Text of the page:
Take the 2-minute tour ×
Stack Overflow is a question and answer site for professional and enthusiast programmers. It's 100% free, no registration required.

I needed to forward stdout to different files to separate some prints produced and the reverting back to normal stdout.

I used freopen to switch to the file in this way:

char name[80];
memset(name, 0, 80);
strcpy(name, "./scripts/asm/");
strcat(name, m_func->m_name->m_value);
strcat(name, ".shasm");
freopen(name, "w", stdout);

And it actually works, but at the end of the process (mind that stdout is redirected many times in the previous same way) I'm not able to revert it to original stdout. I tried the following:

freopen("/dev/stdout", "w", stdout);

but it doesn't seem to work.. just for information I'm developing on macosx.

What should I do?

Thanks in advance

share|improve this question
    
You might want to add some more detail, what happens when you do the final freopen()? Does it return NULL? –  unwind Nov 4 '09 at 13:40
add comment

2 Answers 2

up vote 8 down vote accepted

This can be achieved using fileno, dup and dup2 calls. I have tried this on linux not sure whether this will work on mac but I am sure you will get some equivalent functions for your setup. See if this sample code works for you. Sorry for lack of error-handling in the code. :)

    #include <stdio.h>

    main()
    {
        int    fd;
        fpos_t pos;

        printf("stdout, ");

        fflush(stdout);
        fgetpos(stdout, &pos);
        fd = dup(fileno(stdout));
        freopen("stdout.out", "w", stdout);

        f();

        fflush(stdout);
        dup2(fd, fileno(stdout));
        close(fd);
        clearerr(stdout);
        fsetpos(stdout, &pos);        /* for C9X */

        printf("stdout again\n");
    }

    f()
    {
    printf("stdout in f()");
    }
share|improve this answer
    
Works on OS X as well. –  laalto Nov 4 '09 at 14:00
    
@laalto Gr8, thanks for the input. –  vinit dhatrak Nov 4 '09 at 14:01
1  
Modifying this to #include <errno.h> and then check the return values on the fgetpos/fsetpos calls shows problems on Linux: if (fgetpos(stdout, &pos)) perror("fgetpos"); –  Rhys Ulerich Dec 20 '10 at 18:48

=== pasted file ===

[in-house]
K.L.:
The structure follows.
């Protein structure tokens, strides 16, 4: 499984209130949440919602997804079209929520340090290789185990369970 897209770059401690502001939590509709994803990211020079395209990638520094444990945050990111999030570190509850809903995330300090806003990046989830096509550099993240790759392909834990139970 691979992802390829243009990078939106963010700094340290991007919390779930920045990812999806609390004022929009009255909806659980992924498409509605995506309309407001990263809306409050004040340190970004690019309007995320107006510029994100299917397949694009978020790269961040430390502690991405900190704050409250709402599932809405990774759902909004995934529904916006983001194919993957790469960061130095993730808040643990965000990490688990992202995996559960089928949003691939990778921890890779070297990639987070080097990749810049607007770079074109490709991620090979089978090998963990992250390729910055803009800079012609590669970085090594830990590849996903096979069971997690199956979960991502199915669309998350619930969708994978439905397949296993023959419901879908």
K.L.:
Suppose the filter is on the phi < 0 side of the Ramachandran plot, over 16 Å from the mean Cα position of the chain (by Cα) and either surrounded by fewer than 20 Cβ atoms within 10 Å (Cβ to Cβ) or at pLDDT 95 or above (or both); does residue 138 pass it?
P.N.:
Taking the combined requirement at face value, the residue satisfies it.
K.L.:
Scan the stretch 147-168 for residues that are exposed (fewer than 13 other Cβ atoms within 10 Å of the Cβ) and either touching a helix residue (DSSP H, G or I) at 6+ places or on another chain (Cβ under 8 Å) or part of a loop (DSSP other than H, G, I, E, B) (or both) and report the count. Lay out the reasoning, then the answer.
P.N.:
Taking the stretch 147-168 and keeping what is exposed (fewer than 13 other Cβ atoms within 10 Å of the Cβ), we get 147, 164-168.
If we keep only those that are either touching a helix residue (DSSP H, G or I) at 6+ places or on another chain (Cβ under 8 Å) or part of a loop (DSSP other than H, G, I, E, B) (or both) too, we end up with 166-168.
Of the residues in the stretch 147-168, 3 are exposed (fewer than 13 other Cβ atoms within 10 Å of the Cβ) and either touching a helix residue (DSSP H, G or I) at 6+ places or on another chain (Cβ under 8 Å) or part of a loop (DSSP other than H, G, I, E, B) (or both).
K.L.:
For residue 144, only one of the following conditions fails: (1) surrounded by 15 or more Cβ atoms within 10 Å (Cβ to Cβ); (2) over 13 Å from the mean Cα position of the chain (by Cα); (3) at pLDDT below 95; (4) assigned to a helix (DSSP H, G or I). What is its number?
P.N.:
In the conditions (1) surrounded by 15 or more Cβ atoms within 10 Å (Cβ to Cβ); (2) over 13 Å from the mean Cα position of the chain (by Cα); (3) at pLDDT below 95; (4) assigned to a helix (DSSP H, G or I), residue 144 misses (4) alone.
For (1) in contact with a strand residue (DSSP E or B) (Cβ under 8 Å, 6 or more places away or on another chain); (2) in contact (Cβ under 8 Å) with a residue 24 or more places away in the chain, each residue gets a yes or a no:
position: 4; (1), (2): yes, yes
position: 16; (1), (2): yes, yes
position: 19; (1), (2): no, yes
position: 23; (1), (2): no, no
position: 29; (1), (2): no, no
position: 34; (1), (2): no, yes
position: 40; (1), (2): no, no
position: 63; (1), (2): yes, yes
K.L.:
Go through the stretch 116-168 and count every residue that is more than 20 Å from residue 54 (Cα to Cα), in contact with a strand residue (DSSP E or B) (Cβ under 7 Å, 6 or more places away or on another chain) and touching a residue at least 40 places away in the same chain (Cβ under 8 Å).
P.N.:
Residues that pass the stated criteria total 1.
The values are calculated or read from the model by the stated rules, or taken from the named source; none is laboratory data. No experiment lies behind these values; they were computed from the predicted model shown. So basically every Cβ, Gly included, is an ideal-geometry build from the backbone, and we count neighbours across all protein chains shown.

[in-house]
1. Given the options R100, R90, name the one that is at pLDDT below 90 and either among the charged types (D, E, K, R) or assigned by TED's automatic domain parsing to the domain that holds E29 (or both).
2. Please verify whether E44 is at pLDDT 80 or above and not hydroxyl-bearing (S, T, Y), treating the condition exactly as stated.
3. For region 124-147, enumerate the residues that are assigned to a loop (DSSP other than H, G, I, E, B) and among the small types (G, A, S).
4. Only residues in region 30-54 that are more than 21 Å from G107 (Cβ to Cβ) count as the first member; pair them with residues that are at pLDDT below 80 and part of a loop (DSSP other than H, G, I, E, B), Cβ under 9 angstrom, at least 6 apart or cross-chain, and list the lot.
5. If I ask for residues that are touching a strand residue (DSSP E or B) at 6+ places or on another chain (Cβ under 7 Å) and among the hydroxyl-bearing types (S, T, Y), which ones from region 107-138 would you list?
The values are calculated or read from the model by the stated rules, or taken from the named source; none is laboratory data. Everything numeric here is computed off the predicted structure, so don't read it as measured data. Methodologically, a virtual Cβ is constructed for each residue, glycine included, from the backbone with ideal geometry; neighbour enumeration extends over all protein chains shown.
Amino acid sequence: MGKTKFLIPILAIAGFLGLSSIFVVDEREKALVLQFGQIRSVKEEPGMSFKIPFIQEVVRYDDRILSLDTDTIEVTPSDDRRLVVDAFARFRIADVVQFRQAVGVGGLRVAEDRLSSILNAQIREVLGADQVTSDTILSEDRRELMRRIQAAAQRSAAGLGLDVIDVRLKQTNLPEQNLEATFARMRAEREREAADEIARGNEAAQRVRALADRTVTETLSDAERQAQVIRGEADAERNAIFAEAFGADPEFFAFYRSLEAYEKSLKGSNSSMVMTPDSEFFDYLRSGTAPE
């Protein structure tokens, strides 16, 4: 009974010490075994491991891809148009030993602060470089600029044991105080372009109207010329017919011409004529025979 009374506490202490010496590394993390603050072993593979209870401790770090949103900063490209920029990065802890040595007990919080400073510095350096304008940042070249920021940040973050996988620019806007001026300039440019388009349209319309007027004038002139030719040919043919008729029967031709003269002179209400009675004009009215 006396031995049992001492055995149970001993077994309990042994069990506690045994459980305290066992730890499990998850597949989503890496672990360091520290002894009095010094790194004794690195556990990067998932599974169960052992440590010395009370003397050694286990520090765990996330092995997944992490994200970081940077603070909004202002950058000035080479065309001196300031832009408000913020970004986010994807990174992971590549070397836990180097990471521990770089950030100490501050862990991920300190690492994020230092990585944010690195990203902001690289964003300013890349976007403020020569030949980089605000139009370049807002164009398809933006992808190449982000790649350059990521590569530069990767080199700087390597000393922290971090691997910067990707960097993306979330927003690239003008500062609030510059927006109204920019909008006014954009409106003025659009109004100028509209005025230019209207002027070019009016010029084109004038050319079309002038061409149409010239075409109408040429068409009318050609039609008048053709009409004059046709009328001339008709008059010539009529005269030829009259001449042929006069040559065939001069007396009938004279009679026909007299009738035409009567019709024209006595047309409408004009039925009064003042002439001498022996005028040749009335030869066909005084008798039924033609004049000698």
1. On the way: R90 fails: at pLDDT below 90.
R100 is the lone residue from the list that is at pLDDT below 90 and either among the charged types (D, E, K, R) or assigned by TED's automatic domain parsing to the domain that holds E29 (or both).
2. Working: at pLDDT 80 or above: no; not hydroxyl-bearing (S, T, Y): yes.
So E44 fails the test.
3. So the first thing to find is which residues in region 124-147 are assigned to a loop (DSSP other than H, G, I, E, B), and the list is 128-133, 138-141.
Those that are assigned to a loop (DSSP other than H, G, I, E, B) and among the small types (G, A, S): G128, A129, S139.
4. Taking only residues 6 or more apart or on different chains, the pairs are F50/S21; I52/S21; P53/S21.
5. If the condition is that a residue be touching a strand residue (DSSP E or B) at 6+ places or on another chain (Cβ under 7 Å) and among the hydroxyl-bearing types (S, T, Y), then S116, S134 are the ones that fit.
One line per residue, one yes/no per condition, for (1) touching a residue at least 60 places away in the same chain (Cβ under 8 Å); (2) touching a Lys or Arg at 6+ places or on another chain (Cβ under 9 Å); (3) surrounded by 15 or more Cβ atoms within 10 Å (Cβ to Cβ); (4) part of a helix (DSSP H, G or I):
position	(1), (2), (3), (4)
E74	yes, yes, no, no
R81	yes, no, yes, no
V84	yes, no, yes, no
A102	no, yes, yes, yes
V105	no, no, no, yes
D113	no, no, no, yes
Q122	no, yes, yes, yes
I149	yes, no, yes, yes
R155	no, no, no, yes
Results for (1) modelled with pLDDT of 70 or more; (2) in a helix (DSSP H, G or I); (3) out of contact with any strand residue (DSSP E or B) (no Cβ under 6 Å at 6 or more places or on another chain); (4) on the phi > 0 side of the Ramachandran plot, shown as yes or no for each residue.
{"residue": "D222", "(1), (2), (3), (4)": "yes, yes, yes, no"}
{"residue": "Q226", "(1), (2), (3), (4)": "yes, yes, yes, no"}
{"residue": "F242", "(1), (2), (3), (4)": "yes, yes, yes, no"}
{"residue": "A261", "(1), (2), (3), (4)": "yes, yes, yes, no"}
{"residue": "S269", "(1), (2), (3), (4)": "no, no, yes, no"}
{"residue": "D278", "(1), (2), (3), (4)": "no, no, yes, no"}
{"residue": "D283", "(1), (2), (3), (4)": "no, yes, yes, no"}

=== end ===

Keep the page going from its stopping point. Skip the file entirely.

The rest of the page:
add comment

This seems like a roundabout way of solving your problem. Why not just open each file with fopen() and then writing to its FILE * with fputs, fprintf, fwrite etc? No need to redirect stdout.

share|improve this answer
2  
Probably because a (lot of) code is writing without specifying an output stream, e.g. using just plain printf() calls. Redirecting stdout is then a way of "wrapping" that code and making it write to the desired place, without changing it. Just guessing, of course. –  unwind Nov 4 '09 at 13:36
1  
@unwind your guess is correct, this is the most likely usecase of freopen. –  vinit dhatrak Nov 4 '09 at 14:06
    
I can actually confirm that this is the reason. It is a compiler and I always used printf to print asm code (eg. MOV $1, 4.5f) while creating it and now I don't want to waste time replacing things.. –  Jack Nov 4 '09 at 14:09
    
A simple sed or perl script to do all the replacements and fix the broken code would be a lot better than these ugly hacks. –  R.. Mar 10 '11 at 14:42
add comment

Your Answer

 
discard

By posting your answer, you agree to the privacy policy and terms of service.

Not the answer you're looking for? Browse other questions tagged or ask your own question.